You are viewing the page for May. 31, 2008
  Select another date:
<<back forward>> -- News and information about meteor showers, solar flares, auroras, and near-Earth asteroids
Current conditions
Solar wind
speed: 620.8 km/sec
density: 3.6 protons/cm3
explanation | more data
Updated: Today at 2246 UT
X-ray Solar Flares
6-hr max: A0
2245 UT May31
24-hr: A0
2245 UT May31
explanation | more data
Updated: Today at: 2245 UT
Daily Sun: 31 May 08
The sun is blank--no sunspots. Credit: SOHO/MDI
Sunspot number: 0
What is the sunspot number?
Updated 29 May 2008
Far side of the Sun:
This holographic image reveals no sunspots on the far side of the sun. Image credit: SOHO/MDI
Planetary K-index
Now: Kp= 2 quiet
24-hr max: Kp= 3
explanation | more data
Current Auroral Oval:
Switch to: Europe, USA, New Zealand, Antarctica
What is the auroral oval?
Interplanetary Mag. Field
Btotal: 4.7 nT
Bz: 4.0 nT north
explanation | more data
Updated: Today at 2247 UT
Coronal Holes:
A solar wind stream flowing from the indicated coronal hole will reach Earth on or about June 1st. Credit: SOHO Extreme UV Telescope
NOAA Forecasts
Updated at: 2008 May 31 2203 UTC
0-24 hr
24-48 hr
01 %
01 %
01 %
01 %
Geomagnetic Storms:
Probabilities for significant disturbances in Earth's magnetic field are given for three activity levels: active, minor storm, severe storm
Updated at: 2008 May 31 2203 UTC
0-24 hr
24-48 hr
15 %
10 %
05 %
01 %
01 %
01 %
High latitudes
0-24 hr
24-48 hr
30 %
25 %
10 %
05 %
05 %
05 %
What's up in Space
May 31, 2008
FLYBY ALERT! Space shuttle Discovery launches on May 31st. Get your flyby alerts from Space Weather PHONE  

LIFTOFF! Discovery has left the planet. The space shuttle blasted off from Cape Canaveral today at 5:02 pm EDT on a construction mission to the International Space Station. Loaded aboard was Japan's $1 billion addition for the station and a new pump for the station's finicky toilet. Three spacewalks are planned during Discovery's 14-day flight: updates.

SIGHTING: Twenty minutes after liftoff, Discovery, with its external fuel tank trailing behind, passed over Europe. Michel Vandeputte of Ronse, Belgium, photographed the pair: image. "Both were around magnitude -2," he says. "Amazing!"

ICE UNDERFOOT? NASA's Phoenix lander is on a mission to find ice in the martian arctic. Mission accomplished? Without even digging into the ground, Phoenix may have already spotted a slab of ice practically underfoot:

This contrast-enhanced image was taken on May 29th by Phoenix's Robotic Arm Camera (RAC). Mission scientists believe the exhaust from Phoenix's descent engine has blown off a layer of topsoil to reveal a portion of frozen water beneath.

On the other hand, it could be a rock. "We'll test the two possibilities by getting more data, including color data, from the robotic arm camera," says Ray Arvidson of Washington University in St. Louis, a co-investigator for Phoenix's arm. "If the hard features are ice, they should become brighter [in the days ahead] because atmospheric water vapor will collect as new frost on the ice."

Stay tuned for updates.

IN THE SHADOW OF A SPIDERWORT: Yesterday, photographer Shane Finnigan of Ottawa, Ontario, knelt down in the grass, and with the shadow of a purple spiderwort falling across his camera, he snapped this picture:

Photo details: Canon 10D, ISO 100, 16mm lens, 1/200 sec at f22

The petals of the flower blotted out the sun, revealing a delicate 22o halo. In the photo's lower right corner we see the source of the display: icy cirrus clouds. Ice crystals in high, cold clouds catch the rays of the sun and bend them as shown. Very pretty!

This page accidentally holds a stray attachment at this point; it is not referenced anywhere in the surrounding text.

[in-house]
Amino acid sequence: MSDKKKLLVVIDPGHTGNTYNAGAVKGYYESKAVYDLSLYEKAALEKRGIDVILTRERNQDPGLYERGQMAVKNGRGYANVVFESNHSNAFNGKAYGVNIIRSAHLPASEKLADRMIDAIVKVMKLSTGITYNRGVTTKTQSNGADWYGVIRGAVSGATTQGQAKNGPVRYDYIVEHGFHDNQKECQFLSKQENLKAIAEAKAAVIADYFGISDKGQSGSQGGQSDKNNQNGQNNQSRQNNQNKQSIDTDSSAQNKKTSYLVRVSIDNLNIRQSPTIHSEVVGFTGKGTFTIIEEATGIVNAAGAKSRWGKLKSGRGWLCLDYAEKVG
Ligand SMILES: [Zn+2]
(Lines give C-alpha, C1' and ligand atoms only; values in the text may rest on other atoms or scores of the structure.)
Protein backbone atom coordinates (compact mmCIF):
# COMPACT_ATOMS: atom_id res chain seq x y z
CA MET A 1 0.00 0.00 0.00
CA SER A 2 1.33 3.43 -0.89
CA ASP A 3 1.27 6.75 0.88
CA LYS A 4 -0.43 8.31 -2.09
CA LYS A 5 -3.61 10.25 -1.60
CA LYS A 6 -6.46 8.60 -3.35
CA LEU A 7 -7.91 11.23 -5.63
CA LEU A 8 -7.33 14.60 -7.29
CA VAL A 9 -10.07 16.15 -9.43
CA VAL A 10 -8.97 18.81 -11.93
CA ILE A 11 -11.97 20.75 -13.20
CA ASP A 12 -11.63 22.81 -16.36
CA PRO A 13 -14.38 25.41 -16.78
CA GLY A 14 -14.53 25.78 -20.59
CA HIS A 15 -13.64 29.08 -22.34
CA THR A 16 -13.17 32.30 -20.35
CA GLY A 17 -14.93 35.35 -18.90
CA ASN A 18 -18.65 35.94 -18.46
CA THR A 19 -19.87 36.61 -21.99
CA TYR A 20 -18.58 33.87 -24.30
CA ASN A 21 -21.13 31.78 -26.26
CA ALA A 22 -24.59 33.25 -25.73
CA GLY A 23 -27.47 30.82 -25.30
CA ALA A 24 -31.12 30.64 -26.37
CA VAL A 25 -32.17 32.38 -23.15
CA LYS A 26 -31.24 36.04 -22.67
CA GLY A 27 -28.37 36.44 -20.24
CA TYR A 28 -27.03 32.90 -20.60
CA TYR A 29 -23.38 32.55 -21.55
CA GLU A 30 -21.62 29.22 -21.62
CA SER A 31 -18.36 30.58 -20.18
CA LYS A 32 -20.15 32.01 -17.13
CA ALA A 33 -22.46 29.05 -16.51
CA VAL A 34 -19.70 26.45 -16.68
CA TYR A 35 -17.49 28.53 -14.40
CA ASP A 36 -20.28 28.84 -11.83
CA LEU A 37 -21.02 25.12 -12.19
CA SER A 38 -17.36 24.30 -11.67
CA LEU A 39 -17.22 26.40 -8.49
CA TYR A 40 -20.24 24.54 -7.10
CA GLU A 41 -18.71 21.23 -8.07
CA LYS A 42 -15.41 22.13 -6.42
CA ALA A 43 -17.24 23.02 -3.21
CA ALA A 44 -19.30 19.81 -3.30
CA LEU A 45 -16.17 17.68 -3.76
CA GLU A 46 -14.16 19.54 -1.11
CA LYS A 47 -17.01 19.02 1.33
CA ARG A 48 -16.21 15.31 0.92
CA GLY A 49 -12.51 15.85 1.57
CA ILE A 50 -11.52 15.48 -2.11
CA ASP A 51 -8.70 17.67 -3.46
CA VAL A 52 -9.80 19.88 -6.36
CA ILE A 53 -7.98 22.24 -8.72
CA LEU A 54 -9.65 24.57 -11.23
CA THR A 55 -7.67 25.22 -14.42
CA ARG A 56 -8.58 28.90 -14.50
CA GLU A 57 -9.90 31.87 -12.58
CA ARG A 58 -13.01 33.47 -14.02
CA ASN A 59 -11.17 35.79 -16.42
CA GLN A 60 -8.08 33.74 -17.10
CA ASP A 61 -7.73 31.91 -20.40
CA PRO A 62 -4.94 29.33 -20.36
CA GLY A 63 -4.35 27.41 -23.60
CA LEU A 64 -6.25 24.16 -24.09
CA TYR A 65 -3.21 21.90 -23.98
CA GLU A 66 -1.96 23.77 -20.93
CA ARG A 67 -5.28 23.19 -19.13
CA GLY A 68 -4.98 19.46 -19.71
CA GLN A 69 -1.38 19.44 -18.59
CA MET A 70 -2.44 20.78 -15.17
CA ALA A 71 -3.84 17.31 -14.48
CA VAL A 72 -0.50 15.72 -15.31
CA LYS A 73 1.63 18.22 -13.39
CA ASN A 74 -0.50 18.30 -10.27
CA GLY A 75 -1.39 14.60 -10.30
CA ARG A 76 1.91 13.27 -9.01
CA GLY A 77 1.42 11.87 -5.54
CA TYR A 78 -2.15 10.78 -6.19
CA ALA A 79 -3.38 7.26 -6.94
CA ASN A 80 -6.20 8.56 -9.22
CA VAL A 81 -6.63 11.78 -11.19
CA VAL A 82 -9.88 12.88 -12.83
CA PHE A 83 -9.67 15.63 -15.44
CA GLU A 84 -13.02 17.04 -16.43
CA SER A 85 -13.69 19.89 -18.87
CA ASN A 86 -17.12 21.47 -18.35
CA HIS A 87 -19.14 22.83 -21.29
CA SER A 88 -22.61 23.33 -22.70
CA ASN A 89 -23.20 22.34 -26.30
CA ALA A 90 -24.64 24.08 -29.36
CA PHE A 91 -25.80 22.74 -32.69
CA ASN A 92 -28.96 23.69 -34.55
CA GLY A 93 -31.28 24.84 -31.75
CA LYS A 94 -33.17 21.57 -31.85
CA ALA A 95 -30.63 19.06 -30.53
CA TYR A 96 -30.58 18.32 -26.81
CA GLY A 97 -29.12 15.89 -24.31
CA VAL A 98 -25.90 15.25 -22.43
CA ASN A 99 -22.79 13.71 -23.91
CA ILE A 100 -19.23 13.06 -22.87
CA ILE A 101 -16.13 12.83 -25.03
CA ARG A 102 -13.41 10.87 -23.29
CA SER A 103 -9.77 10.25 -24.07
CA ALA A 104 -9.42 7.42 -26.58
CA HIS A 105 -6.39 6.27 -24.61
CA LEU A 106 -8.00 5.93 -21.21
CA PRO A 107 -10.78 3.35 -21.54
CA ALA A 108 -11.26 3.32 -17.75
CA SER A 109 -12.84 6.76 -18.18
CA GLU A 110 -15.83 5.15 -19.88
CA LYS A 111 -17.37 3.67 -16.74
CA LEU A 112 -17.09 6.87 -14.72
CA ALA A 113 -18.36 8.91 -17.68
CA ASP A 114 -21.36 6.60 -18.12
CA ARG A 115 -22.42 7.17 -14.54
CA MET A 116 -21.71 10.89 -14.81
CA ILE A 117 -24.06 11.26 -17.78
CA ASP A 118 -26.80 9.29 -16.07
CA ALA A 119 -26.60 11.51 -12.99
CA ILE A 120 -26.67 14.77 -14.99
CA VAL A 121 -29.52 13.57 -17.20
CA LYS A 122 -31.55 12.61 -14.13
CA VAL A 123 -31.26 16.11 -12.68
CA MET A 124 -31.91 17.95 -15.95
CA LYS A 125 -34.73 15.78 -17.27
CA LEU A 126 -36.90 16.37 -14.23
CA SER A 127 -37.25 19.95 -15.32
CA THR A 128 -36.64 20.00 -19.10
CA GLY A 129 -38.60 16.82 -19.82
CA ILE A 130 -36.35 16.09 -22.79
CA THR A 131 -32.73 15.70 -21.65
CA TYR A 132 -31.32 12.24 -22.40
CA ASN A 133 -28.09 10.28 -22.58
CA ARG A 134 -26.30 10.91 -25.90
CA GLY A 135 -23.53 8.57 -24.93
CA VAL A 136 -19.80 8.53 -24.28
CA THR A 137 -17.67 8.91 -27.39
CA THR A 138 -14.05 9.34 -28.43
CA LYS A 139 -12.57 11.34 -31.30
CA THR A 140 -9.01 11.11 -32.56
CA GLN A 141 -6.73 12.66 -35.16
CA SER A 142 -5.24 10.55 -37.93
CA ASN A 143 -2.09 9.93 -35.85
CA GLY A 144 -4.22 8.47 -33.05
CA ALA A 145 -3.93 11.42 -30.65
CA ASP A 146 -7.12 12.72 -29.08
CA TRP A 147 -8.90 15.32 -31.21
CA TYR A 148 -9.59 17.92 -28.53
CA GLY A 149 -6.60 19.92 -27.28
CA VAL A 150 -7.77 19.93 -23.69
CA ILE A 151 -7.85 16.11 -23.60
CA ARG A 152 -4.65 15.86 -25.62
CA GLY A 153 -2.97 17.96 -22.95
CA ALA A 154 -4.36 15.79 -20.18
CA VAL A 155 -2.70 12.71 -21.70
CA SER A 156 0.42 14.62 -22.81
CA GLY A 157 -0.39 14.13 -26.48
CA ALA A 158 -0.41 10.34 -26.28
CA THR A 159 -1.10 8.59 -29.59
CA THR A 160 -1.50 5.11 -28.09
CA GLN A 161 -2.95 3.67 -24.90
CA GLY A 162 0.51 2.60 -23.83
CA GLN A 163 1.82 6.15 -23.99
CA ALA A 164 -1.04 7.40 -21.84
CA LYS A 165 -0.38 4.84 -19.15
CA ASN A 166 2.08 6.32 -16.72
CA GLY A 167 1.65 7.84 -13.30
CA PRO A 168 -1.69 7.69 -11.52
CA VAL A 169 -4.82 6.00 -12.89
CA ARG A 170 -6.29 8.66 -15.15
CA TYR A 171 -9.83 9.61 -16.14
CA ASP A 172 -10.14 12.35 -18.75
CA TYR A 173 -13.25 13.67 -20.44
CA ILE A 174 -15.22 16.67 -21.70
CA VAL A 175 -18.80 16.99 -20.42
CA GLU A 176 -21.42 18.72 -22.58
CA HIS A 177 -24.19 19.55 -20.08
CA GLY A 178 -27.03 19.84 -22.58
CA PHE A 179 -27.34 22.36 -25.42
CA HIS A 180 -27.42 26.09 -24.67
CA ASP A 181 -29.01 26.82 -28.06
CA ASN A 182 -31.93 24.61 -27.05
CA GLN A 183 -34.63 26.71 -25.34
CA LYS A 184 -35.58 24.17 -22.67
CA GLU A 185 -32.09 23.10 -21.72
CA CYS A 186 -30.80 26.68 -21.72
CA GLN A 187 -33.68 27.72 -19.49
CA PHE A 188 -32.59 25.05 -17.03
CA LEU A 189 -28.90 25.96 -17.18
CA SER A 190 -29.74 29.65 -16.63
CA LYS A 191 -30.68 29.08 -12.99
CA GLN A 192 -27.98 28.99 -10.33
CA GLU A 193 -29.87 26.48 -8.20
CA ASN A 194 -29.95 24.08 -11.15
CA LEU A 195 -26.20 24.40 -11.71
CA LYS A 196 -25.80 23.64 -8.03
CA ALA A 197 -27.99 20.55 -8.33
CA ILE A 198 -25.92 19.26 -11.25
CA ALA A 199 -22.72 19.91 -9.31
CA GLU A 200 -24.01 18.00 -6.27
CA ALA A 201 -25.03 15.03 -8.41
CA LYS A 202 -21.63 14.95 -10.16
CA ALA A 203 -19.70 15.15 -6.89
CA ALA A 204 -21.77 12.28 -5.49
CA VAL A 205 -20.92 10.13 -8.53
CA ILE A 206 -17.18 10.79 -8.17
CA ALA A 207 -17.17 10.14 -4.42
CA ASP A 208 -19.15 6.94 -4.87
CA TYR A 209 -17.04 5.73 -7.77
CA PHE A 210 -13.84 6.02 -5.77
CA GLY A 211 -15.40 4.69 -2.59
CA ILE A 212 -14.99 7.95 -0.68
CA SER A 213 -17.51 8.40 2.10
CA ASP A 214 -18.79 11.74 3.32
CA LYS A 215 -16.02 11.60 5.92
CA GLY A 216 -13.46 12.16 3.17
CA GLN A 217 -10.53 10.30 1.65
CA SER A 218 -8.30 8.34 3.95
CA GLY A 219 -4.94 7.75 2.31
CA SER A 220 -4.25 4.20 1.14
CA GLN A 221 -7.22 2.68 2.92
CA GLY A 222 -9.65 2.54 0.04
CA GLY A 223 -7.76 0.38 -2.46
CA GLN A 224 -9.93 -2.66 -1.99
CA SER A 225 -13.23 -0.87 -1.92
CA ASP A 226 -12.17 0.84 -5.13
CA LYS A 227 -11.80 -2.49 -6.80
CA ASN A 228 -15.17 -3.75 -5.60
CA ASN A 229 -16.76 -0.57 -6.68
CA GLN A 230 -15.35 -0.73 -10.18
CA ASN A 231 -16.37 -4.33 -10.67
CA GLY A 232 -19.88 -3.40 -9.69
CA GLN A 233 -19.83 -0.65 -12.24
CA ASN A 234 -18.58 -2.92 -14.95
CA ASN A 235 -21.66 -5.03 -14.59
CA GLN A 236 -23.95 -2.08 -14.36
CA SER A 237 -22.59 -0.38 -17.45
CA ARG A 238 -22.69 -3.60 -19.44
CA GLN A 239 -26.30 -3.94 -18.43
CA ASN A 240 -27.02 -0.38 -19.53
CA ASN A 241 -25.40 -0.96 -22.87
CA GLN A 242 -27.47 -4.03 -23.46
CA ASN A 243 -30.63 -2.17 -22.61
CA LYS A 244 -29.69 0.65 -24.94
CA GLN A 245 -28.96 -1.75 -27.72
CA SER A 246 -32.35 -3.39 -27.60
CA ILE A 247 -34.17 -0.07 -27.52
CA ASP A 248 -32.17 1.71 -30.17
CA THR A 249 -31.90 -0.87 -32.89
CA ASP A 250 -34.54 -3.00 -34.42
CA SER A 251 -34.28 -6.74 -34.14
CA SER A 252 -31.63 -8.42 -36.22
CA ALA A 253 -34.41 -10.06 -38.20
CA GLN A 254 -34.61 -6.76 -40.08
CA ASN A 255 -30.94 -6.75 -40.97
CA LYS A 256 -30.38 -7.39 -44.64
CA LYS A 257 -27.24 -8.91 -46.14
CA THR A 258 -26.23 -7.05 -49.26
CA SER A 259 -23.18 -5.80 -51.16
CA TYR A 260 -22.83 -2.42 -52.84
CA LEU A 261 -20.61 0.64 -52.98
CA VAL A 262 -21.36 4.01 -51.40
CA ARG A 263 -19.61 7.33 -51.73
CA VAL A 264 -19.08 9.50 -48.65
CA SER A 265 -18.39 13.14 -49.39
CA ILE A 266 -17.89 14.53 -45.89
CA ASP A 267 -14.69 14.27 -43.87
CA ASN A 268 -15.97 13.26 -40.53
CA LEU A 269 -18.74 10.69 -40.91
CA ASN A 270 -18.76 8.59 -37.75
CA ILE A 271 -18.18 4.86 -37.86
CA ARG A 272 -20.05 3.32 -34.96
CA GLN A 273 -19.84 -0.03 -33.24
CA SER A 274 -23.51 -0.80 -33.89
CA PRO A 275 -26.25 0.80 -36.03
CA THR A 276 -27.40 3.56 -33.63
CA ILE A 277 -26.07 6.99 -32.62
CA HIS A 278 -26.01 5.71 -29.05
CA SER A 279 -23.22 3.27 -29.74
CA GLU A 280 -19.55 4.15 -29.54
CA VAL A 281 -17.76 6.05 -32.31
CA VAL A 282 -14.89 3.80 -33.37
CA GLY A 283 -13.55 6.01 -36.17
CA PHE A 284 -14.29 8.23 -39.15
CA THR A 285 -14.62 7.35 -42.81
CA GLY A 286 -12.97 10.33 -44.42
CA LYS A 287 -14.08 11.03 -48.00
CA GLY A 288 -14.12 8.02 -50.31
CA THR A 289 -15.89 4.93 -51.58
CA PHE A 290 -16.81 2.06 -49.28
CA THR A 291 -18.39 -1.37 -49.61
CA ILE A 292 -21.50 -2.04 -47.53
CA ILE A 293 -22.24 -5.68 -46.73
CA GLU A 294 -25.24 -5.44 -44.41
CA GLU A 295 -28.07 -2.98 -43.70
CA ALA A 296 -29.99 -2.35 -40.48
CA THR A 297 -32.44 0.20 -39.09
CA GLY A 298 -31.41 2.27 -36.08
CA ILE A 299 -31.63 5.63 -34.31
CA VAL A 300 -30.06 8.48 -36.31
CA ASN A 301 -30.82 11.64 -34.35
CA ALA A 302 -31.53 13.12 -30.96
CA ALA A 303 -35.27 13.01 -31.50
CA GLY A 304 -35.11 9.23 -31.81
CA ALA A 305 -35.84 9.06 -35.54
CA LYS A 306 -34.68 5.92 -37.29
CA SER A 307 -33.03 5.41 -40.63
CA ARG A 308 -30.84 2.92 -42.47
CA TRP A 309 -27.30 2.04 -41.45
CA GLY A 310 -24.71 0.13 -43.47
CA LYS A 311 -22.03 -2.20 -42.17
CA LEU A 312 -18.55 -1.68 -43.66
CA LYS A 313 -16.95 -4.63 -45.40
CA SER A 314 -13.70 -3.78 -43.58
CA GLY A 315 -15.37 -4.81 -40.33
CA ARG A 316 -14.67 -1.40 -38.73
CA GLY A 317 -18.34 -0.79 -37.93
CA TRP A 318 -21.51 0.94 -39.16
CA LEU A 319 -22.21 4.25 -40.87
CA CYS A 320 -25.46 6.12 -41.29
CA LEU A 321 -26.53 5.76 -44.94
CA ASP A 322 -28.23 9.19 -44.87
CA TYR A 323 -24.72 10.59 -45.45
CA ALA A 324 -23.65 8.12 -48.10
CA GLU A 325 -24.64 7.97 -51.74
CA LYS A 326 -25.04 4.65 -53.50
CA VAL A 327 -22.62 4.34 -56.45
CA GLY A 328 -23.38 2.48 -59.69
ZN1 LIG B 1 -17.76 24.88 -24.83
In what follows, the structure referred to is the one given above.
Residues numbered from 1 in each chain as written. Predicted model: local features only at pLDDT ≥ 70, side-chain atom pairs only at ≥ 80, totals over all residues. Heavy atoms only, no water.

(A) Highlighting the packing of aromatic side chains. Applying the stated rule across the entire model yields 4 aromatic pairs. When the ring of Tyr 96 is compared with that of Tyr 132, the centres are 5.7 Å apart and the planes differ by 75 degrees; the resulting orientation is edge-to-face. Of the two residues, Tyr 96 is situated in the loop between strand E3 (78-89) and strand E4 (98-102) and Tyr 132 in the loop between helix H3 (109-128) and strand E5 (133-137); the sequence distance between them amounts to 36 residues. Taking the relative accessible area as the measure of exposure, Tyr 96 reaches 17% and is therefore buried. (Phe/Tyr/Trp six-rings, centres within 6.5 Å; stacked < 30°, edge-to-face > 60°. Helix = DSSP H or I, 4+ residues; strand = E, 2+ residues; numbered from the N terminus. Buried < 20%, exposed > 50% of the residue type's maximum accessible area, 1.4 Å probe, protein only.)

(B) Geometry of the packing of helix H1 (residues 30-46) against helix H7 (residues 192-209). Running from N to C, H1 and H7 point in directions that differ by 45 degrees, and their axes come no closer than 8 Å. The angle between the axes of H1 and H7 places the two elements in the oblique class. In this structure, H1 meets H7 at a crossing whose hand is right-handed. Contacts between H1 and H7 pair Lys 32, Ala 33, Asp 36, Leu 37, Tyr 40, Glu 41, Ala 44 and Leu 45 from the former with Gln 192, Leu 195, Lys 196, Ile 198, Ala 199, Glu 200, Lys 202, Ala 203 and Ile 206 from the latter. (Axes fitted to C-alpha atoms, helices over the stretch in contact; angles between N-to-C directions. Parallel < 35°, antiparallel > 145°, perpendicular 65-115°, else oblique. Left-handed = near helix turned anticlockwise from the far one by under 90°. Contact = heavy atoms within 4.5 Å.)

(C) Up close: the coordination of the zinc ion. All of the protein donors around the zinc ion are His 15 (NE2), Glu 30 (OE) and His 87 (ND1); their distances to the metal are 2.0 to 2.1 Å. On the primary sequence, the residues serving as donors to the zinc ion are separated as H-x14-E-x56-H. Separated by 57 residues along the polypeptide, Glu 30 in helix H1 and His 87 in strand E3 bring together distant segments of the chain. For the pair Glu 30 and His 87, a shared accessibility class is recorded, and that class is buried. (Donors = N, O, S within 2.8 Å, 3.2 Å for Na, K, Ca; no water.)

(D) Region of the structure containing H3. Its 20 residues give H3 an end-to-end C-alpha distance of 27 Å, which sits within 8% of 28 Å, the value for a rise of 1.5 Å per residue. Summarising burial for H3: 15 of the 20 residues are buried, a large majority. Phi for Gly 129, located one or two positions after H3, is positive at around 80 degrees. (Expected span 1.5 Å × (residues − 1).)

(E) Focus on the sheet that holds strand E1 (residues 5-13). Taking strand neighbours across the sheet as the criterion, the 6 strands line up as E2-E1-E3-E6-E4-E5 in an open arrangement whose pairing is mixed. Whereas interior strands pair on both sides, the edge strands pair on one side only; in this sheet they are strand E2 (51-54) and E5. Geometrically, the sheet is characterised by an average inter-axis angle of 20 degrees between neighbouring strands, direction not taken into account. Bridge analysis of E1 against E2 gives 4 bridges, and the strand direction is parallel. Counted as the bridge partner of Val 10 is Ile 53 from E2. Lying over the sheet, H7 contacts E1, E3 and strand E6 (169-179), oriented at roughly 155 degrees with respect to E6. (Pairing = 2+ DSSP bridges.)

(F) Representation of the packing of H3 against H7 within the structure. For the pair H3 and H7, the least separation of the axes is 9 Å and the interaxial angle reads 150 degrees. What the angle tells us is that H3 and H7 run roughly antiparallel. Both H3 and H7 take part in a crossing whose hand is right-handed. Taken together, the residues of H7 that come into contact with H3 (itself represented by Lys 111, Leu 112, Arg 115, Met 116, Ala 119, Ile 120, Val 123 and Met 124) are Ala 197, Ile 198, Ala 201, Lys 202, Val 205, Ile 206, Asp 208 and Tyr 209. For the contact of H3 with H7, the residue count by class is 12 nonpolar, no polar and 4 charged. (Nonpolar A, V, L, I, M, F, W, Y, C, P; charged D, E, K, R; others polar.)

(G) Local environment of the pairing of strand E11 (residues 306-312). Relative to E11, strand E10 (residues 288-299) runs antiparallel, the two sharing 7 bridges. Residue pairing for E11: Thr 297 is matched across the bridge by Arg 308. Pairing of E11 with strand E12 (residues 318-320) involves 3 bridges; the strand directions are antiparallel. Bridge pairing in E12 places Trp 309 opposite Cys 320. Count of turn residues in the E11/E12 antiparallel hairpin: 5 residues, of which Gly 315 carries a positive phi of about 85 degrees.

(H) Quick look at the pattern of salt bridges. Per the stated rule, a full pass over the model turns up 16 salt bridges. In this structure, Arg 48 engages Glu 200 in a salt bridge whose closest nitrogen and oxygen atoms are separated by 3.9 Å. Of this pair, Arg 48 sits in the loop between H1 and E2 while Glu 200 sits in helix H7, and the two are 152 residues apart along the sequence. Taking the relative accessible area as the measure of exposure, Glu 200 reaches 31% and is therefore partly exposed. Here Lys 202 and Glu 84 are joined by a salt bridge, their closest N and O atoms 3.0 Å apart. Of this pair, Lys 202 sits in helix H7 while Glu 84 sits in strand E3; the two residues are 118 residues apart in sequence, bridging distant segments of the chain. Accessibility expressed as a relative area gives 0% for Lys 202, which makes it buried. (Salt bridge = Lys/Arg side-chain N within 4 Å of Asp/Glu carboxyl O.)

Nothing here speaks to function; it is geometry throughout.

Says Finnigan, "the halo lasted for nearly 5 hours," which is a long time to crouch in the flowers. Fortunately, it is possible to see these common rings of light while standing up.

more images: from Doug Zubenel of Johnson Co., Kansas; from Darrell Oake of Dartmouth Nova Scotia, Canada; from Michael Boschat of Halifax, Nova Scotia; from Peter Delincak of Slovakia; from Brian Larmay of Oak Creek, Wisconsin; from Francesc Pruneda of Palamos, Girona, Spain; from Tina Olholm of Bergen, Norway; from Daniel Fernández of Oulu, Finland;

CORRECTION: An earlier version of this story misidentified the spiderwort as a day lilly.

May 2008 Aurora Gallery
[Aurora Alerts] [Night-sky Cameras]

Near-Earth Asteroids
Potentially Hazardous Asteroids (PHAs) are space rocks larger than approximately 100m that can come closer to Earth than 0.05 AU. None of the known PHAs is on a collision course with our planet, although astronomers are finding new ones all the time. [comment]
On May 31, 2008 there were 953 potentially hazardous asteroids.
May 2008 Earth-asteroid encounters:
Miss Distance
2008 HG
May 5
17 LD
90 m
2008 DE
May 9
17 LD
550 m
2008 HD2
May 9
6.5 LD
40 m
2008 JL24
May 10
0.4 LD
5 m
2008 HR3
May 11
3.1 LD
50 m
2008 HW1
May 14
72 LD
1.4 km
Notes: LD means "Lunar Distance." 1 LD = 384,401 km, the distance between Earth and the Moon. 1 LD also equals 0.00256 AU. MAG is the visual magnitude of the asteroid on the date of closest approach.
Essential Links
NOAA Space Weather Prediction Center
  The official U.S. government bureau for real-time monitoring of solar and geophysical events, research in solar-terrestrial physics, and forecasting solar and geophysical disturbances.
Atmospheric Optics
  The first place to look for information about sundogs, pillars, rainbows and related phenomena.
Solar and Heliospheric Observatory
  Realtime and archival images of the Sun from SOHO.
Daily Sunspot Summaries
  From the NOAA Space Environment Center
Current Solar Images
  from the National Solar Data Analysis Center
  more links...
©2008, -- This site is penned daily by Dr. Tony Phillips.
©2019 All rights reserved.